Toms wasn’t overly aggressive, but things turned out just well for him at the PGA. One shot ahead of Phil Mickelson and paired together, Toms faced a shot of 214 yards to the hole. After much deliberation, he laid up with a wedge, leaving 88 yards for his third. Mickelson had safely reached the green in two and had a legitimate birdie try. Toms then lofted a lob wedge to 10 feet. Typical of Mickelson’s efforts in those days, he hit a gorgeous putt, but it stayed out. He tapped in for par and waited to see if he might force a playoff. It was not to be. Toms coolly rolled in the 10-foot par putt to clinch his first major. Mickelson would finally win a major in Georgia, but it took three and a half more years.
If there’s a tougher finishing hole for the pros than Atlanta Athletic Club’s 18th, it’s not far away, over at East Lake Golf Club, permanent site of The TOUR Championship. The 18th at Bobby Jones’ old home club is a gargantuan par-3 of 240 yards that plays over an arm of East Lake to an elevated green. The lake seldom bothers the pros on this hole; what gets them is the demanding, back-to-front sloping green and the steep bunkers that frame the green. Still, you can’t ignore one of golf’s most historic water hazards. Long irons, fairway woods and utility clubs have been the weapons of choice for past champions Sutton, Mickelson, Singh, Goosen and Bart Bryant.
Let’s pay respects as well to the Atlanta’s original golf thrill ride, the 499-yard, par-5 18th at Atlanta Country Club. Host to the PGA Tour from 1967 through 1996, this dogleg left par-5 was for years one of the Tour’s most scenic risk/reward holes. Perhaps too short in its final years (John Daly blasted an 8-iron second here in winning the 1994 event), but it was always exciting. Jack Nicklaus, Tom Watson, Hale Irwin and Tom Kite all took victory walks up No.18.
Unfortunately for traveling golfers, the TPC at Sugarloaf, Atlanta Athletic Club, East Lake and Atlanta Country Club are all private, so unless you’re tight with a member, you’re out of luck to sample their terrific closing holes. Nevertheless, the Atlanta area has no shortage of quality public-access tracks. Two that have outstanding, watery finishing holes are The General Course at Barnsley Gardens and Nicklaus at Birch River.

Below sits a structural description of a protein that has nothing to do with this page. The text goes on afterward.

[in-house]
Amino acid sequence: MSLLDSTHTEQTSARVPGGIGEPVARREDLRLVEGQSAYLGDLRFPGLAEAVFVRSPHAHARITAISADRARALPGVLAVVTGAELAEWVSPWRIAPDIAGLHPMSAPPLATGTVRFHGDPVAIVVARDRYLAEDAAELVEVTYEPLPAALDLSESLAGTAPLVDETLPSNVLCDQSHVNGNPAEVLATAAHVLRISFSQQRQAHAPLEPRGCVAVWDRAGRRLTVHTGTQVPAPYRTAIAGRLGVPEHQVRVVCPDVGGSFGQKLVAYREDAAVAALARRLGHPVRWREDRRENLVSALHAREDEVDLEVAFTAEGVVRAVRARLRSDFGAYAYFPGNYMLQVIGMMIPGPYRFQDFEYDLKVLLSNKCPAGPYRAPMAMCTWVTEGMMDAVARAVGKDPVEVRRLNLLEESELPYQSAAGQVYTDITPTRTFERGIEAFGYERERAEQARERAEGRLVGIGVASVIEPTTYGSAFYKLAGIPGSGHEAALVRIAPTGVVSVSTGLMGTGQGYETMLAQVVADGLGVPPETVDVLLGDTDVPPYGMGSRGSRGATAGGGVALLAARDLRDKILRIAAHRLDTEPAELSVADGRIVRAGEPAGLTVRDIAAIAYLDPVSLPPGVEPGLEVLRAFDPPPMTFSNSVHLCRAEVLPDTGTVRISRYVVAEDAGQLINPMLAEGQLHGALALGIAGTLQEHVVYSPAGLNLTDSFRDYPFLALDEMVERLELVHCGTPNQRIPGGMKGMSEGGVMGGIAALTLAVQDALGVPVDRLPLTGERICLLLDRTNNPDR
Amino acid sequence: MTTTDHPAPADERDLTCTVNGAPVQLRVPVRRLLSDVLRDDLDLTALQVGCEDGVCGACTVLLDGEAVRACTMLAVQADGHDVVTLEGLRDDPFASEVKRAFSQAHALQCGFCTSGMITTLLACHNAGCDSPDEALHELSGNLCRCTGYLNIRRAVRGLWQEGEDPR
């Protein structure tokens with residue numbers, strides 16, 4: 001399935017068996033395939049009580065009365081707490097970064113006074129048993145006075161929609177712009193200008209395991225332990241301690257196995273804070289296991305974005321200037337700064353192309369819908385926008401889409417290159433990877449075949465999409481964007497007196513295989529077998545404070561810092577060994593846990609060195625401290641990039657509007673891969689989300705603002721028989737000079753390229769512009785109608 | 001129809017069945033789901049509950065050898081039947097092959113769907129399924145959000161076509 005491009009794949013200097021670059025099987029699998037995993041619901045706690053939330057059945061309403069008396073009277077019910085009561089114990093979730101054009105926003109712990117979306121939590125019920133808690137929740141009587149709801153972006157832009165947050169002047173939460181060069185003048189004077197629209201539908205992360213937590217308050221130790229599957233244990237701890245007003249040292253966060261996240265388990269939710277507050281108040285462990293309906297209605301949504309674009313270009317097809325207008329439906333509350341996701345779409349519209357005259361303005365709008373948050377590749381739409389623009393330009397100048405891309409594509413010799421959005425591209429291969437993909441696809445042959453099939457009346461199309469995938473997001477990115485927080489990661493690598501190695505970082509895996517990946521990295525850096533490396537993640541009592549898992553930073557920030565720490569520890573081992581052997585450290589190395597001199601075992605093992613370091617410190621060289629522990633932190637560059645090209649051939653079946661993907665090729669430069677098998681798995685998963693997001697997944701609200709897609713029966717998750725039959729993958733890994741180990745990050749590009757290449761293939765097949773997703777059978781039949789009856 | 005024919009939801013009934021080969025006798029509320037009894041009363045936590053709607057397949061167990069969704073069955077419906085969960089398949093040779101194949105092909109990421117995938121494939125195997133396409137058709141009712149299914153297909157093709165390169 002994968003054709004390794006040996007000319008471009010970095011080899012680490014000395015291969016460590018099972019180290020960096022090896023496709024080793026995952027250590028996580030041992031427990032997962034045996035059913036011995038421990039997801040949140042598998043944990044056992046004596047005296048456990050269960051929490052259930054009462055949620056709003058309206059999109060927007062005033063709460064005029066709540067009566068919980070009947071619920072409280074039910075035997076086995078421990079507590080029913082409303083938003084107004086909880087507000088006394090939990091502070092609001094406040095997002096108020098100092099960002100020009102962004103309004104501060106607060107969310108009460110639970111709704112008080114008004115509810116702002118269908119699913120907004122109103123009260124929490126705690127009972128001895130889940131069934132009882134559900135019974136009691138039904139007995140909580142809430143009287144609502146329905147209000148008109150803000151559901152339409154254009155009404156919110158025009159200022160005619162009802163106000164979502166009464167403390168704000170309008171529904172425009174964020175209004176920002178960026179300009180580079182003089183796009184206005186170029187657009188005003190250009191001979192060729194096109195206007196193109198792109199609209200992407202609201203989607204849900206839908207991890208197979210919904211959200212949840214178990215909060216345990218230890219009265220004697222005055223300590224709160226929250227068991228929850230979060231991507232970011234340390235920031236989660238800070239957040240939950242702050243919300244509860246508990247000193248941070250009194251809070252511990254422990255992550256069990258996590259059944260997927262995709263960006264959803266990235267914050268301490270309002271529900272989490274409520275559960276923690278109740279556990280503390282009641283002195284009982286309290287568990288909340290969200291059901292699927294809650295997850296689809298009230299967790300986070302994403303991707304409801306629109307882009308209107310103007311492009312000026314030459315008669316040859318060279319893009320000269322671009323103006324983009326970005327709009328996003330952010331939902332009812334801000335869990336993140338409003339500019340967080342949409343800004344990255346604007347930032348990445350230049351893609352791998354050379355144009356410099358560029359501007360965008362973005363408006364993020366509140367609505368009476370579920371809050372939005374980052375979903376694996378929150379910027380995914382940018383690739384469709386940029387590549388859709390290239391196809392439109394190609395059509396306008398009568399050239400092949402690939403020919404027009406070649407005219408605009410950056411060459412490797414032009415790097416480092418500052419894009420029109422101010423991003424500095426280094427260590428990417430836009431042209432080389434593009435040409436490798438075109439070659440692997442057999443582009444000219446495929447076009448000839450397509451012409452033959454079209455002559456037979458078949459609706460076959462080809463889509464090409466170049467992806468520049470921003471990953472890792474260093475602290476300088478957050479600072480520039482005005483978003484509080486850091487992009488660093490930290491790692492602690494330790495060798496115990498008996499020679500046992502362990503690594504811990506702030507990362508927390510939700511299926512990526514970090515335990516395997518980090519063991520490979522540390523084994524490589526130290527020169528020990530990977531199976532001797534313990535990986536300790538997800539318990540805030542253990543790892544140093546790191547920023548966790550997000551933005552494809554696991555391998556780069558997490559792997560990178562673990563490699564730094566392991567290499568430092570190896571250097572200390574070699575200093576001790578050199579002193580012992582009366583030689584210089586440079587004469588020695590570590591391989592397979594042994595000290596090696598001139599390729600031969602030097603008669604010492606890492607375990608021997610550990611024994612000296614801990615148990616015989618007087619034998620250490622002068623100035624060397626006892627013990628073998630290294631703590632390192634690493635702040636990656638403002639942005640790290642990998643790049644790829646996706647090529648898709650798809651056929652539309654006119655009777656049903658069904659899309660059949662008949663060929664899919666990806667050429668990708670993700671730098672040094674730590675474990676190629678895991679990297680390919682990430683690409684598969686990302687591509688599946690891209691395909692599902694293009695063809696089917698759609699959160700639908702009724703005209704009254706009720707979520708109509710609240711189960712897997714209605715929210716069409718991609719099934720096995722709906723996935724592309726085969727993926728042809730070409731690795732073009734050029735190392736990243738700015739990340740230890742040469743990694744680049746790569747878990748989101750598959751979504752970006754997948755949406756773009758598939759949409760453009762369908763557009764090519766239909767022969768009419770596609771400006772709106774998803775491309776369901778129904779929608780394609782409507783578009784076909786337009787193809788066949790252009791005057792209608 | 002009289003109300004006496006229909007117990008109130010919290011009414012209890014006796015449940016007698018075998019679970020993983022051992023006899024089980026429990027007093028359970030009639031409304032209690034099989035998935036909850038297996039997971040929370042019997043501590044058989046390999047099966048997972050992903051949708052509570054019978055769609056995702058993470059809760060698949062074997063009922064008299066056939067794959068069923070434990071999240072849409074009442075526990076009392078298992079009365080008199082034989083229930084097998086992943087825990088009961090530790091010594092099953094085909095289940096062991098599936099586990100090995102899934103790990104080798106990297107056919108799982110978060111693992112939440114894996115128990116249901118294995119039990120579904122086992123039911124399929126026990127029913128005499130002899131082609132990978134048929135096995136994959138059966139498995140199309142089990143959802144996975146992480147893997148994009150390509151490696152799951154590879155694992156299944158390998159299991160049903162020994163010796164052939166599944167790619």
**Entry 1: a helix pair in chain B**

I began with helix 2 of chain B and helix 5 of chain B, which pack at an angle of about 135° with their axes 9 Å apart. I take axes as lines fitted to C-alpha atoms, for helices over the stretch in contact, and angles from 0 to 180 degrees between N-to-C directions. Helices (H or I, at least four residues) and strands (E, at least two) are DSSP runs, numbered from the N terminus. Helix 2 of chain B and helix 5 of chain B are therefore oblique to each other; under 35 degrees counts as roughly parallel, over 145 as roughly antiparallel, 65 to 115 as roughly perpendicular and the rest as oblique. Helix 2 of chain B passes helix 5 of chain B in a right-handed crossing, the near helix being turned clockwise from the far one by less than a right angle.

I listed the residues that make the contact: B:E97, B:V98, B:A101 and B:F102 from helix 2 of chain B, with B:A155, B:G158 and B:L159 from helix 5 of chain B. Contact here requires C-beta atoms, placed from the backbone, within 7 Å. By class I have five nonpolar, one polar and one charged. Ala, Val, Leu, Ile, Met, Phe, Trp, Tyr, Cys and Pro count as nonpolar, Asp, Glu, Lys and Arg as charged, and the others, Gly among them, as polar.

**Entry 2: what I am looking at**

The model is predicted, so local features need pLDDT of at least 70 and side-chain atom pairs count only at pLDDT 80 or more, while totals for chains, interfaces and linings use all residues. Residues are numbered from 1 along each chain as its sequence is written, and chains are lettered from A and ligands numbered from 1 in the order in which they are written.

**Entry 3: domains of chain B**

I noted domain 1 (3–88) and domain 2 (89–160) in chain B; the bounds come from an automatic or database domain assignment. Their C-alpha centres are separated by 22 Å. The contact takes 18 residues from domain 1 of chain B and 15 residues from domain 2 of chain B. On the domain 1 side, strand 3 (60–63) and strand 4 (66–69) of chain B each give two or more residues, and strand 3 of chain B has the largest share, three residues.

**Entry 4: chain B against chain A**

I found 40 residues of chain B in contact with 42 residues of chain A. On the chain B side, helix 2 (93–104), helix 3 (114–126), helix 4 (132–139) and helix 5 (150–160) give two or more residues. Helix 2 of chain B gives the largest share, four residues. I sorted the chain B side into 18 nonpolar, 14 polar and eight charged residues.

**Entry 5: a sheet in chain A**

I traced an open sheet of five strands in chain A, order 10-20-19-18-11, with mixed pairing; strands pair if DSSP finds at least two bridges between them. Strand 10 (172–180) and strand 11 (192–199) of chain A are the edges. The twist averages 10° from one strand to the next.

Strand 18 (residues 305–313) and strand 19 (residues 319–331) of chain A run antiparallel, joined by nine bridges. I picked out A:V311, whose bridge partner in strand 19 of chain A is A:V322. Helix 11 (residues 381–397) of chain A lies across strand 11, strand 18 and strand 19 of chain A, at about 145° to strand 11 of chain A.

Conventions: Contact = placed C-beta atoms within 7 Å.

Barnsley Gardens is situated about an hour northwest of Atlanta in Adairsville and features a rugged, scenic Jim Fazio design. The par-4 18th checks in at 452 yards, much of it curving to the left around a large lake. Nicklaus at Birch River is in Dahlonega, an hour’s drive to the northeast, in Georgia’s wine country. Oddly, it crosses the Chestatee River, not the Birch. The 18th is a par-4 that doglegs to the right, around a lake, with trees to the left. A very three-puttable green sits perilously close to water’s edge. Par here is well-earned.
Finally, if you’ve got a little extra time on your itinerary, take the 80-minute ride east from Atlanta to Reynolds Plantation. Jack Nicklaus’ Great Waters course and Rees Jones’ Oconee are crammed full of superb holes and vistas, culminating in 18th holes that are guaranteed to make the journey worthwhile. Great Waters closes with a handsome, reachable par-5, with the drink lurking to the left, while Oconee ends with a massive par-4 that demands a healthy drive over the lake.
What every one of these watery Atlanta area closing holes shares is a sense of adventure, the potential to offer a wild ride, a chance for do-or-die glory — which is exactly what brings us back. See you at the 18th. Stay dry.